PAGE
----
United States District Court, D. Delaware
DAVID M. WATSON, Plaintiff,
GUS CHRISTO, et al., Defendants. DAVID M. WATSON, Plaintiff,
JOSEPH SIMMONS and CHRISTOPHER SENATO, Defendants.
S. Kraft, Brian A. Biggs, Kaitlin M. Edelman, DLA PIPER LLP
(US), Wilmington, DE. Attorneys for Plaintiff.
C. Handlon, Stuart B. Drowos, Deputy Attorneys General,
DELAWARE DEPARTMENT OF JUSTICE, Wilmington, DE. Attorneys for
ANDREWS, U.S. DISTRICT JUDGE.
before the Court is Defendants' motion for summary
judgment. (D.I. 62). I have reviewed the parties' briefing.
(D.I. 63, 67, 74), I. BACKGROUND
is, and was at all relevant times, an inmate at James T.
Vaughn Correctional Center ("VCC"), a Delaware
prison. (D.I. 31 ¶ 2).
filed a first pro se action on June 13, 2016, under
42 U.S.C. § 1983. Plaintiff named the following VCC
Defendants: Chaplain Gus Christo, Grievance Chairperson
Katrina Burley, former Food Service Supervisor Joseph
Simmons, former Food Service Administrator Michael Knight,
Major John Brennan, Warden David Pierce, and Deputy Warden
James Scarborough. Plaintiff alleged violations of his civil
rights for being denied access to tefillin, a religious
object, and for being temporarily denied a kosher diet. (D.I.
filed a second pro se action on March 31, 2017, also
under 42 U.S.C. § 1983. Plaintiff alleged that, in
response to his first suit, Simmons and current VCC Food
Services Director Christopher Senato retaliated against him
by reducing the variety of kosher meals at VCC. (C.A. No.
17-351-RGA, D.I. 3).
Court appointed counsel for Plaintiff in both actions. (D.I.
The Court consolidated the cases, for pre-trial purposes,
based on Plaintiffs amended complaints. (D.I. 34). Between
the two actions, Plaintiff brings claims related to
Defendants' (1) ongoing denial of tefillin, (2) denial of
a kosher diet for approximately ten weeks, and (3)
retaliation by reducing the variety of kosher meals.
Specifically, Plaintiff alleges that (1) by denying him
tefillin, Defendants Christo, Burley, Pierce, Brennan, and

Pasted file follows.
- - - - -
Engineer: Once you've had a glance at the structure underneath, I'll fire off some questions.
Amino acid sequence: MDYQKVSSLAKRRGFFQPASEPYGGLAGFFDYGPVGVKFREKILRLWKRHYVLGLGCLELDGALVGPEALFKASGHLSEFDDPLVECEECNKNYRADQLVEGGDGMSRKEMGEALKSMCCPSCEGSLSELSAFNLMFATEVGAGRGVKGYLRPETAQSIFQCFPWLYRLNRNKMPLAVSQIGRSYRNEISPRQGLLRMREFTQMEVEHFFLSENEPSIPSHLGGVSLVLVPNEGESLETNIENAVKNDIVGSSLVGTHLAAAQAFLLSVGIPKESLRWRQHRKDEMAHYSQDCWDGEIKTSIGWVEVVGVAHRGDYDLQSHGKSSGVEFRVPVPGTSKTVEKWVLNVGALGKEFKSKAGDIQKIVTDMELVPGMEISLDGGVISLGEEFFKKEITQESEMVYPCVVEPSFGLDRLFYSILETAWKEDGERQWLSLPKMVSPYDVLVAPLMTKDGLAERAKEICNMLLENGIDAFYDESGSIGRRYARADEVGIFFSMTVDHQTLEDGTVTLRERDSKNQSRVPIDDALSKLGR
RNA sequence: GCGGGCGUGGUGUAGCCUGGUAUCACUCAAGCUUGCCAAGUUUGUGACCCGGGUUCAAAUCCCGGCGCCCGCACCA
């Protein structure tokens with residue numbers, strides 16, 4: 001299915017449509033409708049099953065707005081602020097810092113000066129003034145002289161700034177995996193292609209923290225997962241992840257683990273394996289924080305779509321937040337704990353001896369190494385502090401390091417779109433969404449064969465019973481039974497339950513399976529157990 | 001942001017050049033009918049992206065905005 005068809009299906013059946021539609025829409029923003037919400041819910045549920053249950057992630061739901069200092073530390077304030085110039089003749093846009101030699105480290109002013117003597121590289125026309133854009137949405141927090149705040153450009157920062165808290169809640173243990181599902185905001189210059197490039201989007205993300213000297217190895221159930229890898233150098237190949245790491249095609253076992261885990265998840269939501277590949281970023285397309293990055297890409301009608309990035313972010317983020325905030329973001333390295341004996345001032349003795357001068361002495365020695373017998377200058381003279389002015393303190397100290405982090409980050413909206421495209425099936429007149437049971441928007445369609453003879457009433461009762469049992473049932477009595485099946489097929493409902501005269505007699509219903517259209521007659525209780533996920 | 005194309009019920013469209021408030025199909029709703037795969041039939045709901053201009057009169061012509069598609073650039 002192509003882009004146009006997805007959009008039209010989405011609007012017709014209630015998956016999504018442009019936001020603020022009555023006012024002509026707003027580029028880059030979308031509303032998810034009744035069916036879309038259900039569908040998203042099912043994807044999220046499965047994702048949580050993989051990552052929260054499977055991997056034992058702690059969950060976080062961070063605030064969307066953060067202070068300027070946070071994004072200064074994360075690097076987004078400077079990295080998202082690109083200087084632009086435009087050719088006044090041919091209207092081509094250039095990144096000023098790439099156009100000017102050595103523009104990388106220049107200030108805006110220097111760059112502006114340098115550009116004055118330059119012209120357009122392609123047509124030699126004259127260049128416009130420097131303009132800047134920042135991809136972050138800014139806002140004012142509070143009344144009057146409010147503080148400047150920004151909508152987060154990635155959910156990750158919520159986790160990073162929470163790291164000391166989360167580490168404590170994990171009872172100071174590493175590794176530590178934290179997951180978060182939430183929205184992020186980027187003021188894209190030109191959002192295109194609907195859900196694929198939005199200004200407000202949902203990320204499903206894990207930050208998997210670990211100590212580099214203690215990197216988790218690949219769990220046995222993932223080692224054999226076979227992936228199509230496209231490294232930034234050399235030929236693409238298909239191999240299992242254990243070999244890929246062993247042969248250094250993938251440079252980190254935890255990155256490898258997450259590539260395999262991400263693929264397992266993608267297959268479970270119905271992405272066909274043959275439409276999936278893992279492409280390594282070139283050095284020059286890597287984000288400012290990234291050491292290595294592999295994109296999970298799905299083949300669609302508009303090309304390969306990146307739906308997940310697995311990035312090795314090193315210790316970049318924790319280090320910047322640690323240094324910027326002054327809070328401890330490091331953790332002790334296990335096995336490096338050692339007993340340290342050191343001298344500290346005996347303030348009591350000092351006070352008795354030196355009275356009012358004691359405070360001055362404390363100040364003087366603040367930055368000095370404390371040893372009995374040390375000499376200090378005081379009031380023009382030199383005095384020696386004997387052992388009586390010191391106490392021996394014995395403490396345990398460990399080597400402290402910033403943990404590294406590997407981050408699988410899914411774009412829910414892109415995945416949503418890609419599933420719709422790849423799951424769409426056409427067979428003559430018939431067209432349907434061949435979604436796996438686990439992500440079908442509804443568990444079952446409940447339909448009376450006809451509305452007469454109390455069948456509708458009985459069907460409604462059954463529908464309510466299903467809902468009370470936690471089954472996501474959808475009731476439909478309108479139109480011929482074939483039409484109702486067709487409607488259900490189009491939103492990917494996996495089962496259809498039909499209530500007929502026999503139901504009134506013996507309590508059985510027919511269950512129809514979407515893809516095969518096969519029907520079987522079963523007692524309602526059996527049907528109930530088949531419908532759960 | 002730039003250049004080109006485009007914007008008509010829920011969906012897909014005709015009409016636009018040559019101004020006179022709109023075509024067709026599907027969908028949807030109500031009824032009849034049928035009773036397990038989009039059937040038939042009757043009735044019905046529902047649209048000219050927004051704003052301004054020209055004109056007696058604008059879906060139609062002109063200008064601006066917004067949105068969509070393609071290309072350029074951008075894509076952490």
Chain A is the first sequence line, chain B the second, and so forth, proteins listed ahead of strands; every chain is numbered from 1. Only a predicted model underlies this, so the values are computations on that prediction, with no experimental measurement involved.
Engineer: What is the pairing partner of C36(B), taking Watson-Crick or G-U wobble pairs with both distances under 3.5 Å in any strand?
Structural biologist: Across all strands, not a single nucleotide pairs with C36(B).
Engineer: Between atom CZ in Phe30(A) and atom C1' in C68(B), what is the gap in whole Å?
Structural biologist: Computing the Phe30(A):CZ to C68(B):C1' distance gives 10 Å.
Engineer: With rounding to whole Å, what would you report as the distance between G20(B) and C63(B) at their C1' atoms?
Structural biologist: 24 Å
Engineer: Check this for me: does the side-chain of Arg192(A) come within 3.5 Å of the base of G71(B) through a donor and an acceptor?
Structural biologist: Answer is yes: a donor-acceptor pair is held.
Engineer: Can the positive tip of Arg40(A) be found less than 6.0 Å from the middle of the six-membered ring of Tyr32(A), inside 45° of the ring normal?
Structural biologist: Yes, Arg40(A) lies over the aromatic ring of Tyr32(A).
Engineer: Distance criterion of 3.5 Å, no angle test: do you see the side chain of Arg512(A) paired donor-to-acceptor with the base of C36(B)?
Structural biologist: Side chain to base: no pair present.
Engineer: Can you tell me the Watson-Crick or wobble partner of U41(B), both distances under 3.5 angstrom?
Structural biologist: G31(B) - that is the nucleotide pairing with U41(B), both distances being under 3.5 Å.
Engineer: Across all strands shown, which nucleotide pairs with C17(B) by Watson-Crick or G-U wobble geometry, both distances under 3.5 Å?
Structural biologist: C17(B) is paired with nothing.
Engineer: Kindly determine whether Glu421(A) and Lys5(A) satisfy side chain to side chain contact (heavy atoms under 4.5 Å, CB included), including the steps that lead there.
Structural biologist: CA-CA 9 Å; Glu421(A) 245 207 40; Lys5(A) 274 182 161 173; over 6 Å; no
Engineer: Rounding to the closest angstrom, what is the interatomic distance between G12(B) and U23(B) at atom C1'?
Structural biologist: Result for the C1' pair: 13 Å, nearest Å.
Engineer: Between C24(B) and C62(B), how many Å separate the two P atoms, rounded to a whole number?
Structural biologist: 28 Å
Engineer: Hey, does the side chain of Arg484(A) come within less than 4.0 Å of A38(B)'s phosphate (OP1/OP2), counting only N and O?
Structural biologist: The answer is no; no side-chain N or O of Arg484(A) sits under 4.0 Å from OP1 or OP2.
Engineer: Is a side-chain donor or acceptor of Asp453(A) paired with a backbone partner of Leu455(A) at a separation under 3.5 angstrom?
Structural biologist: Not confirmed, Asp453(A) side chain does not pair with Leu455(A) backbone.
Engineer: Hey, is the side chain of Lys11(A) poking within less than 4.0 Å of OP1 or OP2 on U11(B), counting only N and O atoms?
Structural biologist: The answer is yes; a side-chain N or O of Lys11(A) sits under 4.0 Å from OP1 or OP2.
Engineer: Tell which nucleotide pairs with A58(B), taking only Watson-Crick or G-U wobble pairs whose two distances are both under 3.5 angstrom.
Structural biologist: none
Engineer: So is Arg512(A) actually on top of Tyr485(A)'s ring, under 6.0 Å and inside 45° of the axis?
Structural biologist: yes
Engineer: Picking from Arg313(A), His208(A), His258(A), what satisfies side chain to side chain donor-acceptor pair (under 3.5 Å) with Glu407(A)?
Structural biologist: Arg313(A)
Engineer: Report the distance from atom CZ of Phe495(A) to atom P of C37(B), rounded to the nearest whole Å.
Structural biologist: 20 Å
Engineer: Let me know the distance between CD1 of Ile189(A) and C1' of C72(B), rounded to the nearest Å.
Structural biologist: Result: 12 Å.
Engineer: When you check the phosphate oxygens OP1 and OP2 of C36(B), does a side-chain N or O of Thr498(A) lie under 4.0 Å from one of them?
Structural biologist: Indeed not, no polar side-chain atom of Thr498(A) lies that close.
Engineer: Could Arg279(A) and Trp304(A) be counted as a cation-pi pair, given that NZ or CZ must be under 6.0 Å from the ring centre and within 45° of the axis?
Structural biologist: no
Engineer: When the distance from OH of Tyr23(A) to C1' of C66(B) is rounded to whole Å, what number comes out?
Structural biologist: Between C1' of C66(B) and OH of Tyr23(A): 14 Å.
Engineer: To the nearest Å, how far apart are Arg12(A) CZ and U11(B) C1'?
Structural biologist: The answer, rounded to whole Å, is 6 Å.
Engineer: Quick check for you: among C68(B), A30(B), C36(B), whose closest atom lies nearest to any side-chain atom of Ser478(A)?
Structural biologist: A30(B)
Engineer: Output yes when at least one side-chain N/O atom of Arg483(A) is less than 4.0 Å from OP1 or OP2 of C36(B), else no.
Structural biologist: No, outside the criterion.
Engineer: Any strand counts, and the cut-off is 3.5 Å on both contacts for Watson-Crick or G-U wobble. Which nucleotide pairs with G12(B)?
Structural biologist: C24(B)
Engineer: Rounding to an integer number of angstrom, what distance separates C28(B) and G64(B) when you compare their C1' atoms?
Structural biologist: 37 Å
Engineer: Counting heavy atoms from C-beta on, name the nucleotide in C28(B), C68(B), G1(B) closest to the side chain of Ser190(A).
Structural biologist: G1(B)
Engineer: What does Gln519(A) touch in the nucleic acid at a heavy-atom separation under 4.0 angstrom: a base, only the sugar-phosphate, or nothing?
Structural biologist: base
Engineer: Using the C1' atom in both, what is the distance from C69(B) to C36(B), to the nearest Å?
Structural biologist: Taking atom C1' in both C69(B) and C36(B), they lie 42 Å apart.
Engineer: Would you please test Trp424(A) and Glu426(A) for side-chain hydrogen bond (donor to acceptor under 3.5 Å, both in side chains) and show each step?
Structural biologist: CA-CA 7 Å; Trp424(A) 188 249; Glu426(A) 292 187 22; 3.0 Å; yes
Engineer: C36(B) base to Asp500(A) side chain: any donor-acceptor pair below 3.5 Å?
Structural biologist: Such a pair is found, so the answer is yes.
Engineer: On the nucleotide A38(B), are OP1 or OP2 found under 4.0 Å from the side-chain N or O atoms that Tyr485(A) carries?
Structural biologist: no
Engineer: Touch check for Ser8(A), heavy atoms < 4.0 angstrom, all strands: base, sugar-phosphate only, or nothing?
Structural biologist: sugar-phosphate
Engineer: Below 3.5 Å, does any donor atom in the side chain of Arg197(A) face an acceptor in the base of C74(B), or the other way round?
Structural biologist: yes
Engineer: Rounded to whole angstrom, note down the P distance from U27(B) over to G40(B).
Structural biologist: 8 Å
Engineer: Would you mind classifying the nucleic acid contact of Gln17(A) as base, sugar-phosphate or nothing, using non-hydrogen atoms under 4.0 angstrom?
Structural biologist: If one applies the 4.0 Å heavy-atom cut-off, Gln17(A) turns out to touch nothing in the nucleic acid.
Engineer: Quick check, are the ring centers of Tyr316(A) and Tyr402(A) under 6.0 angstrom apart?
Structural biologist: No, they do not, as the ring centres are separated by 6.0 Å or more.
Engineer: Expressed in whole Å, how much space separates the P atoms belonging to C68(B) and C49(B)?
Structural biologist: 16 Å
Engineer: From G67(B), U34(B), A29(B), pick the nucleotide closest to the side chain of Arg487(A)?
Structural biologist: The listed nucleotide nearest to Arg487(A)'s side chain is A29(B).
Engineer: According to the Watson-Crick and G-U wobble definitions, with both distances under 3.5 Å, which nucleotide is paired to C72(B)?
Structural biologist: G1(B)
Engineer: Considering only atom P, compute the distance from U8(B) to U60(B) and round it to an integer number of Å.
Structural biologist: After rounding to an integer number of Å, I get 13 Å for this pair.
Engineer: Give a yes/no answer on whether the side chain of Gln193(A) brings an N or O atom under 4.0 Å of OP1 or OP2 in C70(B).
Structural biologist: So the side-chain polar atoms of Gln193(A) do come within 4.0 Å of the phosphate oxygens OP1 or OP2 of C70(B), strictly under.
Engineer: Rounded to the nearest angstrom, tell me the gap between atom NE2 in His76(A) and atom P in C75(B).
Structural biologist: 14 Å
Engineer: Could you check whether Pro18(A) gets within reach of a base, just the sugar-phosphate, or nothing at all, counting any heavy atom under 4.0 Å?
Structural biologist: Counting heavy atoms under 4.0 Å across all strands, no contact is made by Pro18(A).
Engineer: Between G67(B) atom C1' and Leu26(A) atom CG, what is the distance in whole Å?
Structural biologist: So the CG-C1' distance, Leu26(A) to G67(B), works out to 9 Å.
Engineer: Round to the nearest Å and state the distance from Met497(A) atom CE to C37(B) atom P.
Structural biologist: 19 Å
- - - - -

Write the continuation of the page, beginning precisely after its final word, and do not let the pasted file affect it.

Scarborough are violating his rights under the First
Amendment of the U.S. Constitution, and the Religious Land
Use and Institutionalized Persons Act ("RLUIPA"),
42 U.S.C. § 2000cc-l et seq. (D.I. 31
¶¶ 32-37, 46-52), (2) by having denied him a kosher
diet for ten weeks, Defendants Christo, Simmons, and Knight
violated his rights under the First and Eighth Amendments of
the U.S. Constitution (id. ¶¶ 38-45), and
(3), by reducing the variety of kosher meals in retaliation
for his first suit, Defendants Simmons and Senato violated
his rights under the First Amendment of the U.S. Constitution
(CA. No. 17-351-RGA, D.I. 20 H32-40).-
discovery ended November 15, 2018. (D.I. 57). All parties
except Knight were deposed. Plaintiff has also deposed
current Food Services Administrator Wendal Lundy. (D.I. 63 at
2). The pretrial conference is scheduled for April 11, 2019.
Jury trial is set to begin May 6, 2019. (D.I. 37, 72).
court shall grant summary judgment if the movant shows that
there is no genuine dispute as to any material fact and the
movant is entitled to judgment as a matter of law."
Fed.R.Civ.P. 56(a). Material facts are those "that could
affect the outcome" of the proceeding. Lamont v. New
Jersey, 637 F.3d 177, 181 (3d Cir. 2011) (quoting
Anderson v. Liberty Lobby, Inc., 477 U.S. 242, 248
(1986)). "[A] dispute about a material fact is
'genuine' if the evidence is sufficient to permit a
reasonable jury to return a verdict for the nonmoving
party." Id. The burden on the moving party may
be discharged by pointing out to the district court that
there is an absence of evidence supporting the non-moving
party's case. Celotex Corp. v. Catrett, 477 U.S.
burden then shifts to the non-movant to demonstrate the
existence of a genuine issue for trial. Matsushita Elec.
Indus. Co., Ltd. v. Zenith Radio Corp., 475 U.S. 574,
586-87 (1986); Williams v. Borough of West Chester,
Pa., 891 F.2d 458, 460-61 (3d Cir. 1989). A non-moving
party asserting that a fact is genuinely disputed must
support such an assertion by: "(A) citing to particular
parts of materials in the record, including depositions,
documents, electronically stored information, affidavits or
declarations, stipulations .. ., admissions, interrogatory
answers, or other materials; or (B) showing that the
materials cited [by the opposing party] do not establish the
absence ... of a genuine dispute . . . ." Fed.R.Civ.P.
56(c)(1). The non-moving party's evidence "must
amount to more than a scintilla, but may amount to less (in